But no. Portland police identify with Chris Humphreys  because  -- three years after helping to beat James Chasse, a frail mentally ill man, to death -- he was disciplined for poor judgment after using a bean bag shot gun at point-blank range to control a flailing 12-year-old girl. 

I had something to say then, but waited to comment.


I find the way that this city processes the question of how our police should act to be maddening.  Letting my fury fly would just make me a player in the very process that could produce “excited delirium” in any observer.

I heard that the Portland City Attorney now claims that James Chasse was having an episode of “excited delirium” when he was beaten to death.  This “disorder"has been aggressively promoted by the Taser industry to explain why some people die after being tasered or held in prone restraint.  I guess the City Attorney thinks that after the small man with schizophrenia was chased, leapt upon and had the majority of his ribs cracked on the cement sidewalk, his continued struggle was not brought on not by fear for his life, but by a mysterious medical syndrome that justified his being kicked, punched and repeatedly Tazered by a man who is now lionized on police t-shirts.

I had something to say then, but waited to comment.

When the police amassed in front of City Hall I could not help but think of all the times in history when a country’s army or police converged under government buildings to seek the removal of elected governments.  Although this overtly political action seemed designed to portray police as victims of politics and misunderstanding, the visual image struck me as intimidating.  The paramilitary to which we give special authority to carry weapons (and, of course, to use them when necessary) were making a show of force beneath the gate of our implicitly wimpy elected officials.

As you can tell by now, I find the way that this city processes the question of how our police should act to be maddening.  Letting my fury fly would just make me a player in the very process that could produce “excited delirium” in any observer.

I waited to comment because I needed to cool down

Portland wants a skilled and professional police force to both protect and respect us.  As a public service paid for with tax dollars, citizens are entitled to transparency and accountability in its provision.  The process that we seem to have now of dueling accusations and scare tactics, mutually assured covering of behinds, scapegoating and the seemingly inevitable publicly-funded “stress claim” parachutes and law suit settlements resolve nothing.  If an officer has joined the police force because he or she likes the feeling of power that comes from being feared, switching to an auditor position with the IRS might be a better choice.  If a police officer is in the struggle because he or she likes the feeling of power that comes from throwing stones at authority, the blogosphere offers many opportunities.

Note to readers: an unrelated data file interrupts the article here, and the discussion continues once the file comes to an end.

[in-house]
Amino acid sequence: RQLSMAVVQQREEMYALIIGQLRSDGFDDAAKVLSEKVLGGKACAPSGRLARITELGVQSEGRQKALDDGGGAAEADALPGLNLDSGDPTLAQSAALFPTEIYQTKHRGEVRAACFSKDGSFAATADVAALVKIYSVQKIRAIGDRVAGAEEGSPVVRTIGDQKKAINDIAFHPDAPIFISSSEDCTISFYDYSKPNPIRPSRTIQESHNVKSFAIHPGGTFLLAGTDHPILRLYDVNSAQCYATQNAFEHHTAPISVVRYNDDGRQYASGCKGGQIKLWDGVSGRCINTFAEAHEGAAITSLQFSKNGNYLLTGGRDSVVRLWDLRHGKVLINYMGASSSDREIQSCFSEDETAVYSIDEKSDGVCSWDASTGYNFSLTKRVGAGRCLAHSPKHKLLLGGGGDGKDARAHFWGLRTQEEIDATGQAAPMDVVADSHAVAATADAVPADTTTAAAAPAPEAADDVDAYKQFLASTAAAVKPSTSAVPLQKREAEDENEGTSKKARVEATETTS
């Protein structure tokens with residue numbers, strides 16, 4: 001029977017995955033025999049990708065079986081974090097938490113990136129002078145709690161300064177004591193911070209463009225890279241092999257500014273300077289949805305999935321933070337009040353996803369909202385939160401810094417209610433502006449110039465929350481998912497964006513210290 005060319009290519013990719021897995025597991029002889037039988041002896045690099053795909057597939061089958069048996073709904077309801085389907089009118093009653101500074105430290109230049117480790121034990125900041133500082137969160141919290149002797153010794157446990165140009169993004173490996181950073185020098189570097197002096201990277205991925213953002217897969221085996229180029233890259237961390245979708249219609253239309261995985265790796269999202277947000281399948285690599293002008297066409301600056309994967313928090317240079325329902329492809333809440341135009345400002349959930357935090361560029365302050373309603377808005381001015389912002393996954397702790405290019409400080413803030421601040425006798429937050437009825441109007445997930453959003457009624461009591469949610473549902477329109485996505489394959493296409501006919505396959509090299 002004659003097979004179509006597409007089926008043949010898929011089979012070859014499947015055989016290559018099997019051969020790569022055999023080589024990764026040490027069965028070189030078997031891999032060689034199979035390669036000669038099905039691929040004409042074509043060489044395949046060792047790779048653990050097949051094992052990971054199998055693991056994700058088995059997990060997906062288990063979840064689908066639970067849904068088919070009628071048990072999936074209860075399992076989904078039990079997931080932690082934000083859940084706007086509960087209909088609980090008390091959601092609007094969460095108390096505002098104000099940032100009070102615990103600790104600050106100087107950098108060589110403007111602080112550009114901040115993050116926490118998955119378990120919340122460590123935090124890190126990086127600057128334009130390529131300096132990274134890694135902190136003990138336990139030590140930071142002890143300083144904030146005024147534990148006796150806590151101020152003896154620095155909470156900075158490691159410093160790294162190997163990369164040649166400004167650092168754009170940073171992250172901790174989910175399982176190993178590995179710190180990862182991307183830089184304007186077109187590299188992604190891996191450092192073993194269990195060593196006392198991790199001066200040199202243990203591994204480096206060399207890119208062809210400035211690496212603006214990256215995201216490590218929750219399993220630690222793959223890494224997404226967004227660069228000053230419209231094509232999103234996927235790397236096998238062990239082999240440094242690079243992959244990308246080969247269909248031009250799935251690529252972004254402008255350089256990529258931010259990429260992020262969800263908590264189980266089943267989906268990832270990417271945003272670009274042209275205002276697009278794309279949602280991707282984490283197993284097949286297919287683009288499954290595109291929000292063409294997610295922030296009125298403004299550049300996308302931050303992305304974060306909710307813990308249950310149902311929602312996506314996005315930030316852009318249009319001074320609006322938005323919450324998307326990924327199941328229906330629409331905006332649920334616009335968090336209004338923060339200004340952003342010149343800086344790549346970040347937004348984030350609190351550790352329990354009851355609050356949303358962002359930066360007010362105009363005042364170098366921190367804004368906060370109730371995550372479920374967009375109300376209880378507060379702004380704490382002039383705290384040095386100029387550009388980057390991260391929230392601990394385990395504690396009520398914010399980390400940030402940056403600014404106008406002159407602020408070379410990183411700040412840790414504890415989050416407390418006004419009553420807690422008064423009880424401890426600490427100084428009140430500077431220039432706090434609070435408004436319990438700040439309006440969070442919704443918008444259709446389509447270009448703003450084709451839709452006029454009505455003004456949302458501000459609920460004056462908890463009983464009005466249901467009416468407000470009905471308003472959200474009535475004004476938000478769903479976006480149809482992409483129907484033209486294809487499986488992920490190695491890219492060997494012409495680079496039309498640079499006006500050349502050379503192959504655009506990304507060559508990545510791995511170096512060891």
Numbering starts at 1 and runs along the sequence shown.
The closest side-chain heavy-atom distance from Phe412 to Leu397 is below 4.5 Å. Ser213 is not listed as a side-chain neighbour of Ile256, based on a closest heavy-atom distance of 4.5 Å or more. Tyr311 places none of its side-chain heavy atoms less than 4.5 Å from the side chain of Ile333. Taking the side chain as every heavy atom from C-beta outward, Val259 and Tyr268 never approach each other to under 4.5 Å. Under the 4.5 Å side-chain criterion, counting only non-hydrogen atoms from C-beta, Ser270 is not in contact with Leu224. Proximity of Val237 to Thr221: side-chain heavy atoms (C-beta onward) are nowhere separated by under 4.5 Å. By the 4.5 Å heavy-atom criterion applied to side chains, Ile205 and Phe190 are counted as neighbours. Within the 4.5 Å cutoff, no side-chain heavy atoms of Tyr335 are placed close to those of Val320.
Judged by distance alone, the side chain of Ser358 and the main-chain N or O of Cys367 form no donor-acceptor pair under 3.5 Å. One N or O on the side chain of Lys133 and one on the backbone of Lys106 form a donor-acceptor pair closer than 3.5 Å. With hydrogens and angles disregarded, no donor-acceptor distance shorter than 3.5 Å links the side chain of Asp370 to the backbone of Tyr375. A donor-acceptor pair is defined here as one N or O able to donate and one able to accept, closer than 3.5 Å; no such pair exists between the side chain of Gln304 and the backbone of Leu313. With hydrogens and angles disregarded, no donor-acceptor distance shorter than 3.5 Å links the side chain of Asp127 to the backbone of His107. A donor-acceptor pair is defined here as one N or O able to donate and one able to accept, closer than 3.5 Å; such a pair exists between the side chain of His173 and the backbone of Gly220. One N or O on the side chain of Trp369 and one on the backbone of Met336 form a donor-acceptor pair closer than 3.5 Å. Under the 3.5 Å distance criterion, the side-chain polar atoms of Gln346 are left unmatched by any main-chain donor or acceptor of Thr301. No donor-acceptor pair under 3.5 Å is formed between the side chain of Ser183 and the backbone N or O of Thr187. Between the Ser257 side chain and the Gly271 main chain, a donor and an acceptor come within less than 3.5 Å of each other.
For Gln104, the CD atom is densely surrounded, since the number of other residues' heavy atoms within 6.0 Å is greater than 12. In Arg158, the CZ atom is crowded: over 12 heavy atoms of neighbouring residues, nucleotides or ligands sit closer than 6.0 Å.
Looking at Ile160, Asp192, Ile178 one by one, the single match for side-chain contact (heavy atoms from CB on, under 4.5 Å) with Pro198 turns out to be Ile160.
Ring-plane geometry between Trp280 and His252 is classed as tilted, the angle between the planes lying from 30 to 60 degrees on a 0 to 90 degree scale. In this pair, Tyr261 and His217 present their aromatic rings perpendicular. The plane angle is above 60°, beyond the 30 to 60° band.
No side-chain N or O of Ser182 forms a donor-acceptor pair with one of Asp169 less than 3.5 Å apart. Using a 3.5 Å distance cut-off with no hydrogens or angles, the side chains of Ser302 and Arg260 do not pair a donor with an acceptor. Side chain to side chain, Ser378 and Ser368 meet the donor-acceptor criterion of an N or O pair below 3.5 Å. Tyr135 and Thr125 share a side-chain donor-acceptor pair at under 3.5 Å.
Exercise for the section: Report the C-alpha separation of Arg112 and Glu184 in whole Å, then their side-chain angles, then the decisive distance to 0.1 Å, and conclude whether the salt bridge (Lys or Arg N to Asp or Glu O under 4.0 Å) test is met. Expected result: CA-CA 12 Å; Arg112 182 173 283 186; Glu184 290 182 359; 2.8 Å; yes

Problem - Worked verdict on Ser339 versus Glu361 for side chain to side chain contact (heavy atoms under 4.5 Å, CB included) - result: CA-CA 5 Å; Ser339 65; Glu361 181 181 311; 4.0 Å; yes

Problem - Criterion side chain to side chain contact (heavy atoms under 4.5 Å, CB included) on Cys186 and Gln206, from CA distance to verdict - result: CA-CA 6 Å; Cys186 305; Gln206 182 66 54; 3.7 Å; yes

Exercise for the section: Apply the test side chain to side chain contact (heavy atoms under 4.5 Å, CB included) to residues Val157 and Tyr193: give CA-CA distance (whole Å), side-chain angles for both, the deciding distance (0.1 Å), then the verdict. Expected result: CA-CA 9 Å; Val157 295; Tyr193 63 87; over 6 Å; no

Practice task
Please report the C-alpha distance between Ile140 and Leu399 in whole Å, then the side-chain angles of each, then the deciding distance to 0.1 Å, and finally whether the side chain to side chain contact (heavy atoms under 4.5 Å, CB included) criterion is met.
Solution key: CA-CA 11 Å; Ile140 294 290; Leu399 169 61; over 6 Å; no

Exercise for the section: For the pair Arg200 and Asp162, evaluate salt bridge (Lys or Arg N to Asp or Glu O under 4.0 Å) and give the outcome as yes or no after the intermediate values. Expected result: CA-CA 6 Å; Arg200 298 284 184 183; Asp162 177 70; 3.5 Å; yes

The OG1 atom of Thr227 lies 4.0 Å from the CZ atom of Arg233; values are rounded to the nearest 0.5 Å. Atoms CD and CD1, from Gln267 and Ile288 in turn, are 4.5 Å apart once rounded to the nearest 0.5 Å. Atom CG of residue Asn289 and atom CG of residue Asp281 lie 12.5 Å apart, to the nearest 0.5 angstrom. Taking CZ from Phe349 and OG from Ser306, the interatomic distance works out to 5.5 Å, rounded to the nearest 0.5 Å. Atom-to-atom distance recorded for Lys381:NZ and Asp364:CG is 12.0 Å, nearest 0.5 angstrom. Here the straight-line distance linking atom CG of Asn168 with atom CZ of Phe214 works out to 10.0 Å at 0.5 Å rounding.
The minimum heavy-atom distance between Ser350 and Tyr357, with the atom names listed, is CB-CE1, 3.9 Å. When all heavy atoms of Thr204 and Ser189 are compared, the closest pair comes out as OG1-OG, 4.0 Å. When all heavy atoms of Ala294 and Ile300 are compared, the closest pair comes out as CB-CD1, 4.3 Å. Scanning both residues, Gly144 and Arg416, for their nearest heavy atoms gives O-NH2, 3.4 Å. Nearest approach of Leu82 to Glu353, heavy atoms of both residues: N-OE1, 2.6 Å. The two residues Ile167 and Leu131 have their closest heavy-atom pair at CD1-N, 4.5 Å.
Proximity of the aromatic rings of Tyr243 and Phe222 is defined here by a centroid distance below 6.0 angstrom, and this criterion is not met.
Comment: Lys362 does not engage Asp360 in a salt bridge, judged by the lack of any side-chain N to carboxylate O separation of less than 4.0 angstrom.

My settled down view goes like this:

Portland needs a truth and reconciliation process for its police system.  It needs an independently appointed review body with teeth for citizen complaints.  It needs the renewed commitment of police personnel to a mission of safety, professionalism, transparency and accountability.  It also needs community attention and support for the successes, not just the controversies.

 

 

Nov 25, 2009

Court Tosses ADA Public Transportation Claim

by Bob Joondeph — last modified Nov 25, 2009 09:10 PM

How one word in a recent federal court decision may reveal more about the court's views than its complex analysis of federal regulations.

On Monday, a three judge panel of the Ninth Circuit Court of Appeals found that Portland’s local transit system, TriMet, does not have to make certain modifications for riders with disabilities.  The plaintiff, who uses TriMet’s paratransit system, LIFT, asked TriMet to accommodate her balance disorder by providing her rides only in sedans or taxis.  Her doctor had informed TriMet that riding on the LIFT bus aggravated her condition by causing her dizziness, nausea and emotional stress.

The court decision hinged on whether regulations of the US Department of Transportation (DOT) or the US Justice Department (DOJ) applied to the plaintiff’s request.  The DOJ regulations require public entities to make reasonable modifications in policies, practices, or procedures when necessary to avoid disability discrimination.  The DOT’s regulations, the court found, do not have this requirement and since they govern the operation of paratransit systems, case dismissed.

Although the court set out a lengthy and detailed analysis of administrative law to support its conclusion, I sensed something else going on in the opinion.  At one point, the court says that the plaintiff “would like an enhanced level of service that would enable her to choose whatever vehicle she would like to ride.”  In concluding, the opinion says, “We recognize the importance of paratransit systems for disabled individuals… We are mindful, however, that the ADA requires only a ‘comparable’ level of service and the DOT regulations implementing the ADA ‘do not contemplate perfect service’ for the disabled.